We all know that {Xi, I =, 3 ...}, assume that the sample points are subject to a single-peak Gaussian distribution, the maximum likelihood estimation parameter expression is:

Expected: variance:

However, have you noticed that the variance definition formula we have received since childhood is different from the maximum likelihood estimation. One denominator is n-1 and the other is N. Does this mean that the maximum likelihood estimation is inaccurate? How can this inaccuracy be measured? From another angle, let's go further. Why is the formula defined by variance divided by n-1? This article will begin with the last question and answer these questions step by step.

This article mainly uses Chapter 2 and section 1 of modern signal processing as references, supplemented by webpage materials, and marks references in the article.

**1. n-1 can reflect the real world more accurately**

If there is only one sample in the sample set, question: what is the variance of Gaussian distribution at this time? Is it 0 or infinity? If it is infinite, then the second sample point will not be able to predict where it falls (the variance is infinite, which can be seen as the even distribution of the entire real number axis); if it is 0, in the second sample point, we will be sure that its value is still equal to x1 (the variance is zero, which can be seen as a confirmation event ). Obviously, an infinite variance is more in line with the real world and our intuitive feelings. That is to say, if the denominator is n-1, it can better reflect the real world.

There is another intuitive understanding, but it is difficult to justify it, from http://blog.csdn.net/feliciafay/article/details/5878036. This is a well-understood excerpt. The author also explains why this intuitive explanation is difficult to justify.

"The sample size is smaller than the overall capacity, so there is a small possibility of extracting some extreme data. For example, if you find a bunch of people to make a sample to measure the height, then the possibility of giants in the sample is very small, so the result may be smaller than the actual. In order to make up for this deficiency, the denominator will be smaller, so as to better reflect the actual data. Question: This explanation is not reasonable. Since we may not be able to find a tall person or a short child, we should have the same reason to make the denominator smaller. I don't think the problem can be explained ."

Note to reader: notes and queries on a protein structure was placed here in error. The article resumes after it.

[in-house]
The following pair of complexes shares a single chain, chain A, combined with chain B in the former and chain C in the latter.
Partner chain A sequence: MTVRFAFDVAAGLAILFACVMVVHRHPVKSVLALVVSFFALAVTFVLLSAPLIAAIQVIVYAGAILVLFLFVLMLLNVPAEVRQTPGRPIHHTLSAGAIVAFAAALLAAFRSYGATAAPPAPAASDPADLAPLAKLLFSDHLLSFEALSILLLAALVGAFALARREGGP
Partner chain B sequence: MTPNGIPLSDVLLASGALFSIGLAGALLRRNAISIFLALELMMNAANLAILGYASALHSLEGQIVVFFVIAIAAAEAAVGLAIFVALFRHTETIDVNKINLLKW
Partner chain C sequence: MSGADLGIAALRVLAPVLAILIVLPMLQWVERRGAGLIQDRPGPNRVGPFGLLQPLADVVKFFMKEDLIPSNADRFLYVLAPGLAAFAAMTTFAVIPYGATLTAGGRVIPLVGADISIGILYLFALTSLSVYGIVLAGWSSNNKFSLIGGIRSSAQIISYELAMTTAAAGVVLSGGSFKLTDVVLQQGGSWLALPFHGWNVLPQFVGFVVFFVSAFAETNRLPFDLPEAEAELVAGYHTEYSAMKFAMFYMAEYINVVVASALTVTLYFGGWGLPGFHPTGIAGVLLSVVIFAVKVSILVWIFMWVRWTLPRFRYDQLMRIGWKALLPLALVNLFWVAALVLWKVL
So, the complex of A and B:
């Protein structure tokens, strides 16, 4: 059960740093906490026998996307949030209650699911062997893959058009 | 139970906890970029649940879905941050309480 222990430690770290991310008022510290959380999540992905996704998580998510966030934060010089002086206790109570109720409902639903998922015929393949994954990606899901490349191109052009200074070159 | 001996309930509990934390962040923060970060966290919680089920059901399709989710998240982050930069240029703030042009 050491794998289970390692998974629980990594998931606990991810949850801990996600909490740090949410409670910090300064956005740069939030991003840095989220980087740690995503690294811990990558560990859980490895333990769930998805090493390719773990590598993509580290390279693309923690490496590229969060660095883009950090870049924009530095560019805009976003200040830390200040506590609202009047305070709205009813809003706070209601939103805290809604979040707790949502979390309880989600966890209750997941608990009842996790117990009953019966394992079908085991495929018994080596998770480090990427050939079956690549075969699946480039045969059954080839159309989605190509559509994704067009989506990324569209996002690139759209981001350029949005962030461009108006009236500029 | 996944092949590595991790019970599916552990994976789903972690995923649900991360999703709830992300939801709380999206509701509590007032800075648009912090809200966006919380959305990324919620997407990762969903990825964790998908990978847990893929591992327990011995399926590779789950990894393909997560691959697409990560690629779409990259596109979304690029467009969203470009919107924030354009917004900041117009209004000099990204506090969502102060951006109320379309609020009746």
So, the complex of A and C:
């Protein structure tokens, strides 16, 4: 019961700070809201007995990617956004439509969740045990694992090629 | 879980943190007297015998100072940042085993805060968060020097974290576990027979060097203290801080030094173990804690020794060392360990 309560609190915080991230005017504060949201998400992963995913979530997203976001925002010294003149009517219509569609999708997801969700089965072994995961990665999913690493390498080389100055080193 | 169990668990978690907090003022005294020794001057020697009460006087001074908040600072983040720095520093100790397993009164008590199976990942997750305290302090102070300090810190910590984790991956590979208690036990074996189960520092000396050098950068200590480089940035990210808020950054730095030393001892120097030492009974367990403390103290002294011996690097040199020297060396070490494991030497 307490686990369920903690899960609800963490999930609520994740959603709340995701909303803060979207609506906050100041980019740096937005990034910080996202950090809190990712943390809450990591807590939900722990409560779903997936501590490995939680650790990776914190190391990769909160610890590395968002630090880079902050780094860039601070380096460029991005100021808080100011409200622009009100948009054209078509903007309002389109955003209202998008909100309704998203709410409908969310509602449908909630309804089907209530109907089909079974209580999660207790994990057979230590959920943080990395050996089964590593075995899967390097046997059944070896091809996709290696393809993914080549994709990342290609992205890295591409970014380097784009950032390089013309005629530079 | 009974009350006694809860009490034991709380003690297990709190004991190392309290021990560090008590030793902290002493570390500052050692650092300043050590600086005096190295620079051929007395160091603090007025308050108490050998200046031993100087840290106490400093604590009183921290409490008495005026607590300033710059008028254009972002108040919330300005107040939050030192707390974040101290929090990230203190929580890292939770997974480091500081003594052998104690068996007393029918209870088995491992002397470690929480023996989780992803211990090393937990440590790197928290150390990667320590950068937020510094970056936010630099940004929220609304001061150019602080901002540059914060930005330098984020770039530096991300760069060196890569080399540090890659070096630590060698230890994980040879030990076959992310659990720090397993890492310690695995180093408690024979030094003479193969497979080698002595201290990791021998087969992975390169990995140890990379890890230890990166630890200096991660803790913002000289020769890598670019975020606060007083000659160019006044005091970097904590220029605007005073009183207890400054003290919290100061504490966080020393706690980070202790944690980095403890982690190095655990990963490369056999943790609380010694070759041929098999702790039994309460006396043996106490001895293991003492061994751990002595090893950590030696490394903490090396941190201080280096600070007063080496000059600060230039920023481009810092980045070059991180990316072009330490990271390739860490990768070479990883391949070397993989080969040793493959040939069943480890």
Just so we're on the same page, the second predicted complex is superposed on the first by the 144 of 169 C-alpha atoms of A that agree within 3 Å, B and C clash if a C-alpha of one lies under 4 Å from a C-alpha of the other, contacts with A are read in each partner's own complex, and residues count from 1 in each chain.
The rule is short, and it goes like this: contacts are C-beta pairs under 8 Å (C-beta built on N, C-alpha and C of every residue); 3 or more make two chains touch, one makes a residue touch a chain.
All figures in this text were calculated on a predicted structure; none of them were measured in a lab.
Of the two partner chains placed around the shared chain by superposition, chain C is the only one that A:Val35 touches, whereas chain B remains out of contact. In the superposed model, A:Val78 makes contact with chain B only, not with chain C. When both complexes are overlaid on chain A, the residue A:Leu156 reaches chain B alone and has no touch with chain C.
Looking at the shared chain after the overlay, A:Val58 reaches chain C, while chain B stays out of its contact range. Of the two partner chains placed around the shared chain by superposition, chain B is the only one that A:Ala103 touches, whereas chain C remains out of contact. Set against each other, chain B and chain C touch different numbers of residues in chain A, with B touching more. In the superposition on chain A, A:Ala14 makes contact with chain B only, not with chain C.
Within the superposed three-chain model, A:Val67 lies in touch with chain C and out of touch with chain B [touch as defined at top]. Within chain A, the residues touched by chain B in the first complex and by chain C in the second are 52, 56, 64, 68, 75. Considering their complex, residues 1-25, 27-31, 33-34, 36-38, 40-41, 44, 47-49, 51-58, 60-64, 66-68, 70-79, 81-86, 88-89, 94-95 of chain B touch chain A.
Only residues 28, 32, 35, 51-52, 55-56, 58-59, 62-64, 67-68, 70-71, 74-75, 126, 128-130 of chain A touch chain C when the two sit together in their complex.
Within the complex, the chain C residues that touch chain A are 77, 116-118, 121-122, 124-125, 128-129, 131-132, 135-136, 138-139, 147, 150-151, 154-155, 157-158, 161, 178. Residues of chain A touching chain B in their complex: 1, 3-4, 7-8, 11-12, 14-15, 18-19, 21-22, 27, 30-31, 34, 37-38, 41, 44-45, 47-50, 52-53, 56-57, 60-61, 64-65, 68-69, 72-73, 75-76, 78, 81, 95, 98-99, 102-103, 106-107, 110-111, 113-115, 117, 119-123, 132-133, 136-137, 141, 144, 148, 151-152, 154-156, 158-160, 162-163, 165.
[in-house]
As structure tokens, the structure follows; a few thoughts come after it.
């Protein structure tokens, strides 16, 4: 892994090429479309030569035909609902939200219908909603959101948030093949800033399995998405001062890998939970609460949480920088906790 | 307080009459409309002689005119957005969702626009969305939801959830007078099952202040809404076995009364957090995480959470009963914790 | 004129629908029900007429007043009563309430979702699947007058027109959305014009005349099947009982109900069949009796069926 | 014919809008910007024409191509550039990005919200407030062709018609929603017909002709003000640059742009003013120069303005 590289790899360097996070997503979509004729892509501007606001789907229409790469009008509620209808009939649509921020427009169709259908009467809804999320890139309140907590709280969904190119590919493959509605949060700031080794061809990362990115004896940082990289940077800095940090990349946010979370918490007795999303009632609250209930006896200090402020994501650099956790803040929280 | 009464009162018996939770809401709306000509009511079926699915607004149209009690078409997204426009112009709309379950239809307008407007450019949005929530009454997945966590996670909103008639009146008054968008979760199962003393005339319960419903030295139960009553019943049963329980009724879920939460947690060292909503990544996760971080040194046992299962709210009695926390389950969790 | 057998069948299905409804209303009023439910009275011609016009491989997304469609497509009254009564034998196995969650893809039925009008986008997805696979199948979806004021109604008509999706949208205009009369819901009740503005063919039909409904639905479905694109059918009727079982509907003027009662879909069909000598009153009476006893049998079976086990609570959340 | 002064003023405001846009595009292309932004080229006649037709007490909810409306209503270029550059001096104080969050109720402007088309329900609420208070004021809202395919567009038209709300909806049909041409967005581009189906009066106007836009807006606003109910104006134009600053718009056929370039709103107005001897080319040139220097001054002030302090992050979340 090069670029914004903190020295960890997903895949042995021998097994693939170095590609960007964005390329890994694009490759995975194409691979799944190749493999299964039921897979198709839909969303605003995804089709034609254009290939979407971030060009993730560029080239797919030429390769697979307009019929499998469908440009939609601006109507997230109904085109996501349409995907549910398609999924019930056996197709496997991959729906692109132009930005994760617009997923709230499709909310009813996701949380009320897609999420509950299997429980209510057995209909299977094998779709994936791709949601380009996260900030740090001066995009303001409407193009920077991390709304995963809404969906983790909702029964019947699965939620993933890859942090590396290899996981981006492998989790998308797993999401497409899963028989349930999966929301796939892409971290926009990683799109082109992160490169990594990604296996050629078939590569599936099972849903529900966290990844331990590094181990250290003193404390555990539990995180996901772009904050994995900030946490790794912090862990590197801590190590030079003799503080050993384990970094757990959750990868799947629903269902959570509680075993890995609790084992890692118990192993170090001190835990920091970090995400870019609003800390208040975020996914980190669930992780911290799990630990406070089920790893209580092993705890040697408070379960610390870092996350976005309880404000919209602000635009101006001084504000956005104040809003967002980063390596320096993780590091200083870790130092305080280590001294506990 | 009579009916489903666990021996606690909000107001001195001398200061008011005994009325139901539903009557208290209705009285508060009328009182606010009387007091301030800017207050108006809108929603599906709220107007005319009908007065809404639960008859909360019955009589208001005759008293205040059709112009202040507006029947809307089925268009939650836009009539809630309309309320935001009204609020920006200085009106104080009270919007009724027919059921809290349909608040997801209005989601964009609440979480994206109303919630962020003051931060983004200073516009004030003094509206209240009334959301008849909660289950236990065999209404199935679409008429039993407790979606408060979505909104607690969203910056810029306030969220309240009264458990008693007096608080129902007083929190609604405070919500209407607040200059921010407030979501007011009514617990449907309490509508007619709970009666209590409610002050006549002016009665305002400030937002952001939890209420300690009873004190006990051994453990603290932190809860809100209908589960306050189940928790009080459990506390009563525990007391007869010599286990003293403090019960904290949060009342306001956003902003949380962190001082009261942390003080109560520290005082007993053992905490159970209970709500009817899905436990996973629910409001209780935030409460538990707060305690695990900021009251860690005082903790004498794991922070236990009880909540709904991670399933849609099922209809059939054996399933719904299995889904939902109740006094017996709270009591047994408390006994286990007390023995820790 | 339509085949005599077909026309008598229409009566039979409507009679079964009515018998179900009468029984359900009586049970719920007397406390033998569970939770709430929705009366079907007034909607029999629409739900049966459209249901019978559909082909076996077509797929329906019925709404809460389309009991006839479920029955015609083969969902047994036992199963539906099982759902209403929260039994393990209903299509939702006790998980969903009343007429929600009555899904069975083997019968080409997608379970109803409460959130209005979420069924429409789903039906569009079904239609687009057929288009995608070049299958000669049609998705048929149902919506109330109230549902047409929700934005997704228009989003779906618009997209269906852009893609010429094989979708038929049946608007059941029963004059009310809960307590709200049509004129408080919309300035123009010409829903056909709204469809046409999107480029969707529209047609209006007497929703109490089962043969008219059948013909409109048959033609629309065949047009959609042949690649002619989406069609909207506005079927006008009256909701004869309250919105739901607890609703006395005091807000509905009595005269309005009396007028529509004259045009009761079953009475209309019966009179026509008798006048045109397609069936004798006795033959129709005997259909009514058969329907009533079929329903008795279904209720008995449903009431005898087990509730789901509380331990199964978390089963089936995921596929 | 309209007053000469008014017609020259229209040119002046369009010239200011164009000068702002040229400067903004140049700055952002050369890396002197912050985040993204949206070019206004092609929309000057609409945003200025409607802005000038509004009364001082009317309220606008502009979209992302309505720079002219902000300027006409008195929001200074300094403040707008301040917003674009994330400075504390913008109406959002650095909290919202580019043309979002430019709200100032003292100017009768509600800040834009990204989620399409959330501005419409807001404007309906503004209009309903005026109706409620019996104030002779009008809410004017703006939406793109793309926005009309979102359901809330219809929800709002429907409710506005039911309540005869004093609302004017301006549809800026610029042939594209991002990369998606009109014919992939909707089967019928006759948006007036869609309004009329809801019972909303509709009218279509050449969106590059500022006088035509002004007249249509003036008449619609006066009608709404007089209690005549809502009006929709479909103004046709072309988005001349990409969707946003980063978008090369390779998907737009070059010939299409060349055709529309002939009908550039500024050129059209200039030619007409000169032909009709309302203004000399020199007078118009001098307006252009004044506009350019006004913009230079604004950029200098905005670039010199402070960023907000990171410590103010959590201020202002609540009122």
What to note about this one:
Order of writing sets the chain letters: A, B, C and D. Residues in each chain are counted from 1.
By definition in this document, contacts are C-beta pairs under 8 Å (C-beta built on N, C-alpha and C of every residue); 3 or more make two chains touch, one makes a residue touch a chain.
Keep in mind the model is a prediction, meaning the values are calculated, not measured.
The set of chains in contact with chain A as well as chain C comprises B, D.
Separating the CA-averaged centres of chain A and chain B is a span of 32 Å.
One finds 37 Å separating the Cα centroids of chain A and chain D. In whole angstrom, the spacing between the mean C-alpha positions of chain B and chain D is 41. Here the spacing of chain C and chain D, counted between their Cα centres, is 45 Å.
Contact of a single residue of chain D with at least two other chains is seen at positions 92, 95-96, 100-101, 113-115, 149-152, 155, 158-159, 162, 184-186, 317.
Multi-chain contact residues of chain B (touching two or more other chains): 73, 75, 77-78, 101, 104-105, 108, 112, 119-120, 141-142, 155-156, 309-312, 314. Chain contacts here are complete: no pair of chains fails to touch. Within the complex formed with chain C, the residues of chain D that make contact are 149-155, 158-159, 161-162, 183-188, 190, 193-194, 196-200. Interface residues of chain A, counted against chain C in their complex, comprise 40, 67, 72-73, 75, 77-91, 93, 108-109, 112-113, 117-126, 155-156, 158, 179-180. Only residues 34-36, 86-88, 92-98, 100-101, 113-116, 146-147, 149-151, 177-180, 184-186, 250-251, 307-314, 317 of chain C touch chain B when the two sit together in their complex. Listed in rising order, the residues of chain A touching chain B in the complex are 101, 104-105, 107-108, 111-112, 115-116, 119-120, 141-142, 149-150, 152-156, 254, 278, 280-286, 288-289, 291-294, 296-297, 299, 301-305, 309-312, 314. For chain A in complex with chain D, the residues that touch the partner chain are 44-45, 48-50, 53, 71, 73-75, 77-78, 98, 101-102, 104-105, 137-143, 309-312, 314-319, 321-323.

**2. Interpretation of degrees of freedom**

This explanation is also a common explanation on the Internet. Of course, it is also a relatively intuitive understanding. In this way, we can see in the expected definition that the numerator has n independent variables, which are divided by N on the denominator, while in the definition of variance, the mean has limited the previous n sample values only N-1 is independent, because once you know the N-1 sample points, can be combined with the mean to calculate the N sample points. Therefore, the denominator in the definition of variance is divided by the N-1.

Question: Why should a N-1 with an independent variable be divided by the N-1 on the denominator?

**3. Mathematical language explanation**

First, introduce the concept of estimation sub-performance evaluation. We know that there are various parameter estimation methods, including maximum likelihood estimation, Maximum Posterior Estimation, Bayesian estimation, and least mean square error estimation. How can we evaluate the performance of these estimates? This introduces the concepts of unbiased estimation and progressive unbiased estimation.

The so-called Unbiased Estimation reflects the fact that multiple estimates of a parameter are obtained to obtain multiple estimates. The average values of these estimates can well approximate the real values of the parameter. Rigorous mathematical definition:

Note: The mean value of the estimated value is the function of the sample set size N.

The so-called incremental unbiased estimation takes into account the fact that the more samples each time, the more accurate the estimation. Therefore, when we have enough samples at hand, when evaluating the performance of an estimator, we can compare the deviation between them and the actual value when the sample set size N tends to be infinite. Rigorous mathematical definition:

Note: The unbiased estimator must be gradual and unbiased, but the progressive and unbiased estimator is not necessarily unbiased.

Next, we start from the definition of unbiased estimation and prove the definition of mean and variance (although it is a definition, it is also defined in a specific sample set, in essence, it is still an estimation of the real value) is an unbiased estimation of the real value.

Editing a formula is really a waste of effort. It may seem a little effort-consuming to write it on paper. Sorry, sorry.

It can be seen that the mean and variance definitions are unbiased estimator. In addition, we need to note that the biased incremental unbiased estimator is not necessarily worse than the unbiased estimator, which is mainly reflected in the feasibility of actual calculation (full rank of matrix) and computing complexity.

**4. Summary**

From the above three aspects, we can understand why N-1 is used as the denominator in the definition of variance. At the same time, we need to know that although the maximum likelihood estimation is biased, however, because of its gradual and unbiased nature, it is a widely used parameter estimation method.

2012-06-12

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